The Circle of Impact applies to both kinds of structures, traditional and parallel, because this is a basic, fundamental understanding of all organizations, regardless of type. Every organization must address its ideology, its social context and how the business is structured to achieve impact. All of them. However, here's the difference.

The parallel structure, described above, is a Network of Relationships. Just like in a traditional hierarchical setting, this organizational structure requires attention to the Connecting Ideas, relationships and the organization of their work.

Networks of Relationships are formed around a Shared Mission and Shared Responsibility, where leadership, authority and responsibility to contribute are shared.

From this perspective of Shared Leadership, the responsibility of the individual is to take initiative to create impact. This is the most basic contribution of the team member. And because the group is organized as a network of relationships, their collaboration and communication is an essential focus of their relationships.

Three Contributions

Most of us have experienced team work where there was a genuine experience of coming together as a group of shared purpose and contribution. And most likely, we see these experiences as the exceptions in our lives.

Let's return to my conversation with my friend and client about the administrative staff person in his office.

How can this perspective about parallel structures, networks of relationships, shared mission, shared responsibility, shared leadership and impact fit into his traditional business structure?  

It begins with recognizing that each individual has unrealized potential waiting to be released. Everyone of us wants to work in an environment that is personally meaningful, socially fulfilling and makes a difference that matters. If that is so, then the first step is figuring out how those three personal goals can become the basis for the contributions of each person.

As a result, each person contributes that which is personally meaningful. Each person contributes in their interpersonal interaction that which is socially fulfilling. And each person contributes out of their own talent, expertise and character of personal initiative those actions that create the impact that makes a difference that matters.

For each person to do this means that the social structure of the business must change. And this shift is based on what each person shares with the whole of the organization.

Here's the insight that is a key to understanding this organizational change. Because these networks of relationships are parallel structures, they can work along side of, and even within the traditional structures of hierarchy. In fact they always have. But rarely as a core strategy, but rather as a tactical approach to team work.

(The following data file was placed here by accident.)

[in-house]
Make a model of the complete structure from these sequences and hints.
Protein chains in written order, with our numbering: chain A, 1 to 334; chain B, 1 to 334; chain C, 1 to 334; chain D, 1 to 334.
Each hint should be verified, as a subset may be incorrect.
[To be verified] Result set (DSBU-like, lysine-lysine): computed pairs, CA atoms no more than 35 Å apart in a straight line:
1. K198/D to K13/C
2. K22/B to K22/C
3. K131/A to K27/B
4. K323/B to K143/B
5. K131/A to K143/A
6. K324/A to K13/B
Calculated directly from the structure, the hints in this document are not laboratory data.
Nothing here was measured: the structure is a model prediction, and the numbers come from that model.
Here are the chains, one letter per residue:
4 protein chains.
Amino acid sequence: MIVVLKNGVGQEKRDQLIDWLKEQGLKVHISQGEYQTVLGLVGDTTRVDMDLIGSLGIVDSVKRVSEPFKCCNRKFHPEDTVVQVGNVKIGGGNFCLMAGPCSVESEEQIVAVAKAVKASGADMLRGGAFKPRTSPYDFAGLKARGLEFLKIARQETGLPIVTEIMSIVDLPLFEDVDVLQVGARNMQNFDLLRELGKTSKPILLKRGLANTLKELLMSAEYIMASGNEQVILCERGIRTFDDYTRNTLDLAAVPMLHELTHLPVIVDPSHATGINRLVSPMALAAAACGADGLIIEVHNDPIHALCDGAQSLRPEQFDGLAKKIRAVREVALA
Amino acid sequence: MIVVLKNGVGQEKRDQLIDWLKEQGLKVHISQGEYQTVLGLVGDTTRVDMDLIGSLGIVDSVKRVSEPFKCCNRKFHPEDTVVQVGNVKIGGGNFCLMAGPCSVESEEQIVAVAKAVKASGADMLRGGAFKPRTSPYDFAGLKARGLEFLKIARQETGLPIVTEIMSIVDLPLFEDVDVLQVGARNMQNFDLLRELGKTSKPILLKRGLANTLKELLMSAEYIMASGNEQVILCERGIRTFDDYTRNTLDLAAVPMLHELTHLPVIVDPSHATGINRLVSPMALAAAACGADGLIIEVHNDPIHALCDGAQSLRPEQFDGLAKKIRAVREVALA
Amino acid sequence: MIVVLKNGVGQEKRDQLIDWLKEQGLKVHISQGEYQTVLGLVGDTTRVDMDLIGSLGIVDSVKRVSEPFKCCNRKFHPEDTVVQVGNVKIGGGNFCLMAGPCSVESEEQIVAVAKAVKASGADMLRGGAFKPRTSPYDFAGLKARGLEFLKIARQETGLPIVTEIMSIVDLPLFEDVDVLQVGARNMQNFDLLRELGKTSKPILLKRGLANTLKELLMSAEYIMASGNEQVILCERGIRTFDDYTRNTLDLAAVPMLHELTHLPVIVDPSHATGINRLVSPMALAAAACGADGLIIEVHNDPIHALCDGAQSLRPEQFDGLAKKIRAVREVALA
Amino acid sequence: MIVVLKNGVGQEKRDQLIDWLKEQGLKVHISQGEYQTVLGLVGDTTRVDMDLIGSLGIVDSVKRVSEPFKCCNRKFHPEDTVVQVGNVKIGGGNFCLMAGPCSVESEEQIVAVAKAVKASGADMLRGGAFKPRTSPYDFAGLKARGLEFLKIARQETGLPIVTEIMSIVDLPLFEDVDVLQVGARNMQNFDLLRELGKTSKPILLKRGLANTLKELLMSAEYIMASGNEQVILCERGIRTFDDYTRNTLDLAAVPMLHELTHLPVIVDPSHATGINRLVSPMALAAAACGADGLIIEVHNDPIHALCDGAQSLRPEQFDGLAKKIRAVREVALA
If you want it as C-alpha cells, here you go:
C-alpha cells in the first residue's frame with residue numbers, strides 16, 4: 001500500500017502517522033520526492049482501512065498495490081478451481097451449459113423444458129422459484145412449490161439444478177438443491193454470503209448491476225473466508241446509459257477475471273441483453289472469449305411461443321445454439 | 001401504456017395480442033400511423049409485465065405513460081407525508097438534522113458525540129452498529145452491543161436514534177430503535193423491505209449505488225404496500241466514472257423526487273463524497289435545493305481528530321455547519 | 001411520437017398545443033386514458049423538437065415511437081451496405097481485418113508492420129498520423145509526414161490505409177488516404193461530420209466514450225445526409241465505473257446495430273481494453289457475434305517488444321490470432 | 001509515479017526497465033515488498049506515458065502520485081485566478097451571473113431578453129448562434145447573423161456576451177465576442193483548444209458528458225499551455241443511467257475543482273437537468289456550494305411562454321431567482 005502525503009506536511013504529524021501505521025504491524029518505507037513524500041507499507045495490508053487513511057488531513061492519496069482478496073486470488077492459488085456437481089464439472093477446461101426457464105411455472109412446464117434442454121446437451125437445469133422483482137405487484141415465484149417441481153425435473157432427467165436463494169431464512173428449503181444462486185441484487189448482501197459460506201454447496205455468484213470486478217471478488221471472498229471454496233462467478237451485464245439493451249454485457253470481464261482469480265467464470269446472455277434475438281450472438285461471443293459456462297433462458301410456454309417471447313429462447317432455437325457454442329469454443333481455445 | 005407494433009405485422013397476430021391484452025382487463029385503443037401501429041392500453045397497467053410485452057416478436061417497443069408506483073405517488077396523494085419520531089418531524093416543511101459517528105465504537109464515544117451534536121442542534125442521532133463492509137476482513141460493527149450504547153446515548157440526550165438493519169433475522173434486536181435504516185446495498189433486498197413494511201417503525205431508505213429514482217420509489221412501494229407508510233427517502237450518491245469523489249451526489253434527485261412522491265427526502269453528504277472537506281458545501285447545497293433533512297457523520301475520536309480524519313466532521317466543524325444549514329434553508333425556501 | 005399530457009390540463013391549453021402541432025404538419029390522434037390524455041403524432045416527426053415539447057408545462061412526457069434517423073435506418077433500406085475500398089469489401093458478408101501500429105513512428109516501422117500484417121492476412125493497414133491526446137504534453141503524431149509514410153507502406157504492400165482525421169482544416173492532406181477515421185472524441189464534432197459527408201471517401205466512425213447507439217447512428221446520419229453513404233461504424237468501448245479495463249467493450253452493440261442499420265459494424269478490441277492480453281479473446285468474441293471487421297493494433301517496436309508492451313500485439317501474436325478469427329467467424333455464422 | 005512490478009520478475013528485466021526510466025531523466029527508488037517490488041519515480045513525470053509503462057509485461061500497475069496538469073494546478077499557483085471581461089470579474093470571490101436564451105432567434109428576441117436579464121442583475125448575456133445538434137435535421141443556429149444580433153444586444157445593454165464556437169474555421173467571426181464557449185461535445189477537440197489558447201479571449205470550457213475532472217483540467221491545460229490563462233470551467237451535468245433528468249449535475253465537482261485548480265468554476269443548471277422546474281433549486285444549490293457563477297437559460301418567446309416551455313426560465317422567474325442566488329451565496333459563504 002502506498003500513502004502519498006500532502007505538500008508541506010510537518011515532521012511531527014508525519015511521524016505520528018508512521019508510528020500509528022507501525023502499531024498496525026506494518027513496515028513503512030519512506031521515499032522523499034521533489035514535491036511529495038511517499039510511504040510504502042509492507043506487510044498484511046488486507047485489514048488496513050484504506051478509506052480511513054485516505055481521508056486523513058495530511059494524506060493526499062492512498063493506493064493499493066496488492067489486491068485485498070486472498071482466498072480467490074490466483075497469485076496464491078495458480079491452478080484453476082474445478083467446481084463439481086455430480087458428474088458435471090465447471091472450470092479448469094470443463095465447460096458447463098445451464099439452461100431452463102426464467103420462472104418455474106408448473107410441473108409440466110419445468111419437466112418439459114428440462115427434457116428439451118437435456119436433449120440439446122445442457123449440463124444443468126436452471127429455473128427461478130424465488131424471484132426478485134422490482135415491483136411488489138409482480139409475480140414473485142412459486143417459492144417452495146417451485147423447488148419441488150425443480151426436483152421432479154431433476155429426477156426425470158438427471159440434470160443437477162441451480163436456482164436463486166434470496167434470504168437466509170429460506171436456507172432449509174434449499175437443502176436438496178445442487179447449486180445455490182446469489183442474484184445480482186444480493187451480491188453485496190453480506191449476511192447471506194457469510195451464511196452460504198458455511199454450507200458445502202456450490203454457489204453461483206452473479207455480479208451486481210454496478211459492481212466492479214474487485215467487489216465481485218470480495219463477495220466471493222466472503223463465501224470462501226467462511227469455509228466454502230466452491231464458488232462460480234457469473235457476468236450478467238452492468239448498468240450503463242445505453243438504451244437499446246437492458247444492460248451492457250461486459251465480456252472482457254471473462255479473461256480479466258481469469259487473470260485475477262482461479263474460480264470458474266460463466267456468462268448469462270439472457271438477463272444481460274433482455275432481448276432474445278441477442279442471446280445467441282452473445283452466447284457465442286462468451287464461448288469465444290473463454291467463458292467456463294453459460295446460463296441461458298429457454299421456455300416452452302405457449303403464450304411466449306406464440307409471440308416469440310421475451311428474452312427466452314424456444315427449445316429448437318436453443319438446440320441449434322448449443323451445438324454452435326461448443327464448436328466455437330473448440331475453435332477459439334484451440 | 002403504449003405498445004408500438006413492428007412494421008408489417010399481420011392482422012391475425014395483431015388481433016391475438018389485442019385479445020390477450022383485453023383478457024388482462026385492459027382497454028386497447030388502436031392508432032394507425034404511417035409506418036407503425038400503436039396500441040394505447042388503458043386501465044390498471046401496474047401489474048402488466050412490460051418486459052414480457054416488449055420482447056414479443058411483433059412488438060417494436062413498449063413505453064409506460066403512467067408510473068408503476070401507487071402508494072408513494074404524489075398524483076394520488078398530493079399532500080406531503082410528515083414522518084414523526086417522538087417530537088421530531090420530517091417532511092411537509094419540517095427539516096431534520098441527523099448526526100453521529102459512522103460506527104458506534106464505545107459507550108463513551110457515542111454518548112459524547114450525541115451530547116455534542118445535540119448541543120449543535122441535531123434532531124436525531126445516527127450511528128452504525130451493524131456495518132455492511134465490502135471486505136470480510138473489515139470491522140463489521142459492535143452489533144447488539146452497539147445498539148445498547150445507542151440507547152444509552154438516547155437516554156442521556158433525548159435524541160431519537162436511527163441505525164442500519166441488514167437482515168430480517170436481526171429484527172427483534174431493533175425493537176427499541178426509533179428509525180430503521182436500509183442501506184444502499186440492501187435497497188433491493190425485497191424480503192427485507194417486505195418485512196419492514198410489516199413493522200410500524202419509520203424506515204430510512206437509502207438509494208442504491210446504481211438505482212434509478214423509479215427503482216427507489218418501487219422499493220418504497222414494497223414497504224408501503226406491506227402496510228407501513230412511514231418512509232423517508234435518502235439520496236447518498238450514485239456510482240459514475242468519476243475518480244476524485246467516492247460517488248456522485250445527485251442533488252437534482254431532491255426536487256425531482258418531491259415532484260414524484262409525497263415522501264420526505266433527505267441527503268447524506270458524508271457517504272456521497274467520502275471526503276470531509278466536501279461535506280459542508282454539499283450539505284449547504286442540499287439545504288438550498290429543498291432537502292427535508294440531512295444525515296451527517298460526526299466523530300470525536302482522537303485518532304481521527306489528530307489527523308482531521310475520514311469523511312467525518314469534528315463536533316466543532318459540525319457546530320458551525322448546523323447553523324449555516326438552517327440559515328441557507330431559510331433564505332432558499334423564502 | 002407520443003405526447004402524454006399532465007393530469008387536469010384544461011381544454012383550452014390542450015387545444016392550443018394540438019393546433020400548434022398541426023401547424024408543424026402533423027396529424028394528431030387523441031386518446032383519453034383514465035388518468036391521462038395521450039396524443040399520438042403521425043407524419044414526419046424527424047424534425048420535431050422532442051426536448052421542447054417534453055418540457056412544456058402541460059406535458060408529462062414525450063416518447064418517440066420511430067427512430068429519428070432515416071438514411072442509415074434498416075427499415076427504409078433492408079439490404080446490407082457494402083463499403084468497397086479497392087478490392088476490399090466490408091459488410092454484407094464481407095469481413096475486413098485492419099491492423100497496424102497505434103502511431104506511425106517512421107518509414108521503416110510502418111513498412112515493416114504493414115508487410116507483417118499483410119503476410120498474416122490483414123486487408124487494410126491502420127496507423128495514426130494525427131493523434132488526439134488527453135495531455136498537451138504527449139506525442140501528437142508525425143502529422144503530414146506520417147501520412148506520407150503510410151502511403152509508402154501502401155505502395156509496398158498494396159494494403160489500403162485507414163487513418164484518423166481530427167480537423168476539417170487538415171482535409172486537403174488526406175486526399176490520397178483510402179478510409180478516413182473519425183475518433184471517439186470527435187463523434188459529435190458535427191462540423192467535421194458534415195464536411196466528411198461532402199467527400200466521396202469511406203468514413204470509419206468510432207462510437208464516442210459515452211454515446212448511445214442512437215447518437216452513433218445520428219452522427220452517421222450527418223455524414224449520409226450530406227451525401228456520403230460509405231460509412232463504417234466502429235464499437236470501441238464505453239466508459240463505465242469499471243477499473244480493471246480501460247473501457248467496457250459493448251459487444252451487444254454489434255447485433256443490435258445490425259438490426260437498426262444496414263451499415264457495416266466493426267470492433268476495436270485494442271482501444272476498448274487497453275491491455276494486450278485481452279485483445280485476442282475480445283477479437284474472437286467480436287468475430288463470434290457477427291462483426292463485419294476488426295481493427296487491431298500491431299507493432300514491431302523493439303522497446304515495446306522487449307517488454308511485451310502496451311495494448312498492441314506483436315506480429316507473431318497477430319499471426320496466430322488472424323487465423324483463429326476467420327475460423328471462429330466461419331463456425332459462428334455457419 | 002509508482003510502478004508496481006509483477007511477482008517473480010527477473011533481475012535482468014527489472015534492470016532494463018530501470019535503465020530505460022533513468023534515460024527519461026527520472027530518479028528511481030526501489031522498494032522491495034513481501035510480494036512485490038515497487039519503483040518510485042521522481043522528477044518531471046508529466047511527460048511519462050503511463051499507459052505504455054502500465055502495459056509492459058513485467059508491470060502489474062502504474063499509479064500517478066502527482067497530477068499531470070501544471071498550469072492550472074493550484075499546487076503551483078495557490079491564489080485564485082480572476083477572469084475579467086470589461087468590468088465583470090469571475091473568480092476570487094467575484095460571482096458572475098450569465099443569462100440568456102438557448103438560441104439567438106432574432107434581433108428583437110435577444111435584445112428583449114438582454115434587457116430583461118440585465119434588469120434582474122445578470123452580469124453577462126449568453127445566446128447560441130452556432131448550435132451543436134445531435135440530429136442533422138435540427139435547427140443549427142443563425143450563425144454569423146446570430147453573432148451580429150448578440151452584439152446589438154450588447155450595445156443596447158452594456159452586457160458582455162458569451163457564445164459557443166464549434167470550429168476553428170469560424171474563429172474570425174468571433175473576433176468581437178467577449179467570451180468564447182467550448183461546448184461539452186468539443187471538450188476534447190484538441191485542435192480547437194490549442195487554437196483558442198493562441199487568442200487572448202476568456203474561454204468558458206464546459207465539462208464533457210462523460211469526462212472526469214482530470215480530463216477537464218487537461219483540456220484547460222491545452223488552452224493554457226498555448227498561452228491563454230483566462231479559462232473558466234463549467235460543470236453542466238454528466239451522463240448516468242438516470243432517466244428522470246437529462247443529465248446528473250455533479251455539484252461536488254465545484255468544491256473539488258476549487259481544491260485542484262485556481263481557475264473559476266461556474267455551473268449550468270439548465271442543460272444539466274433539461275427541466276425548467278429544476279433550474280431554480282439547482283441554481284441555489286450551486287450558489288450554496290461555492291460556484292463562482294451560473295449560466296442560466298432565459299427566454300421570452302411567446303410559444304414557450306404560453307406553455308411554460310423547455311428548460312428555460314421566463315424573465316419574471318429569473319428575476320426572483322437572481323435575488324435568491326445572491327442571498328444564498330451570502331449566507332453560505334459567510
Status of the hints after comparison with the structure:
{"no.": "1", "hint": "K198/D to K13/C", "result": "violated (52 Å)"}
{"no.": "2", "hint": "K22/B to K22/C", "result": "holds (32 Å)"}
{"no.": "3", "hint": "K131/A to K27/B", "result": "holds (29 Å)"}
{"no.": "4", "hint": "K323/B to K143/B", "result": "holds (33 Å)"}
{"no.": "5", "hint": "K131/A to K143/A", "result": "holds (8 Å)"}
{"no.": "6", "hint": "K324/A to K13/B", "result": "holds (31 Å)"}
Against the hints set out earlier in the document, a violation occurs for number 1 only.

We can see this is the way businesses define positions of employment. Instead of focused on contribution, the emphasis has been task oriented. As result, the value of the employee is not realized, and it makes the case for reductions in force must easier to make.

The future belongs to these parallel structures. Let networks of relationships form. Let them take collective initiative to make a difference that matters, then new vitally and impact will emerge.

The Subverting of Hierarchy

Emotions - 382031318_17f9632b01

A decade ago The Cluetrain Manifesto was released as a prescient picture of what we are now coming to understand as the future that is fast becoming the present.

The Cluetrain authors, in a revolutionary style reminiscent of Martin Luther's 95 theses nailed to the Wittenberg church door starting the Protestant Reformation in 16th century Europe, posted 95 theses on the nature of organizations, markets and life in the age of the Internet. The entire book is available free online here.

The seventh Cluetrain thesis - Hyperlinks subvert Hierarchy - makes a point about information flow and access to that flow. A hyperlink like this one takes you to some other place in the online world. In this case, the main page at Wikipedia, but it could be any one of a billion different places. This ability to access information places power in the hands of people that we previously did not have.

Recently I heard Manuel Lima speak on the visualization of networks. You can follow his exploration of this topic at his blog Visual Complexity

Manuel Lima - VC - human knowledge

In his presentation he compared the French Encyclopedia of the 18th century with Wikipedia. As you can see from this slide from his presentation, the growth of information in our time is staggering. This growth of information and our access to it is forcing organizations to change.  From this one picture you can see how we now truly live in the Information Age.

Hyperlinks may subvert hierarchy but that is not replacing hierarchy. Reading Clay Shirky (See his recent book, Here Comes Everybody: The Power of Organizing without Organizations) may lead to the idea that we will see corporations go away, though he doesn't say this. In its place, we will all be self-organized into online social networks linked by our own hyperlinked profiles and communication means. This is already happening, but it is not replacing the traditional hierarchical organization.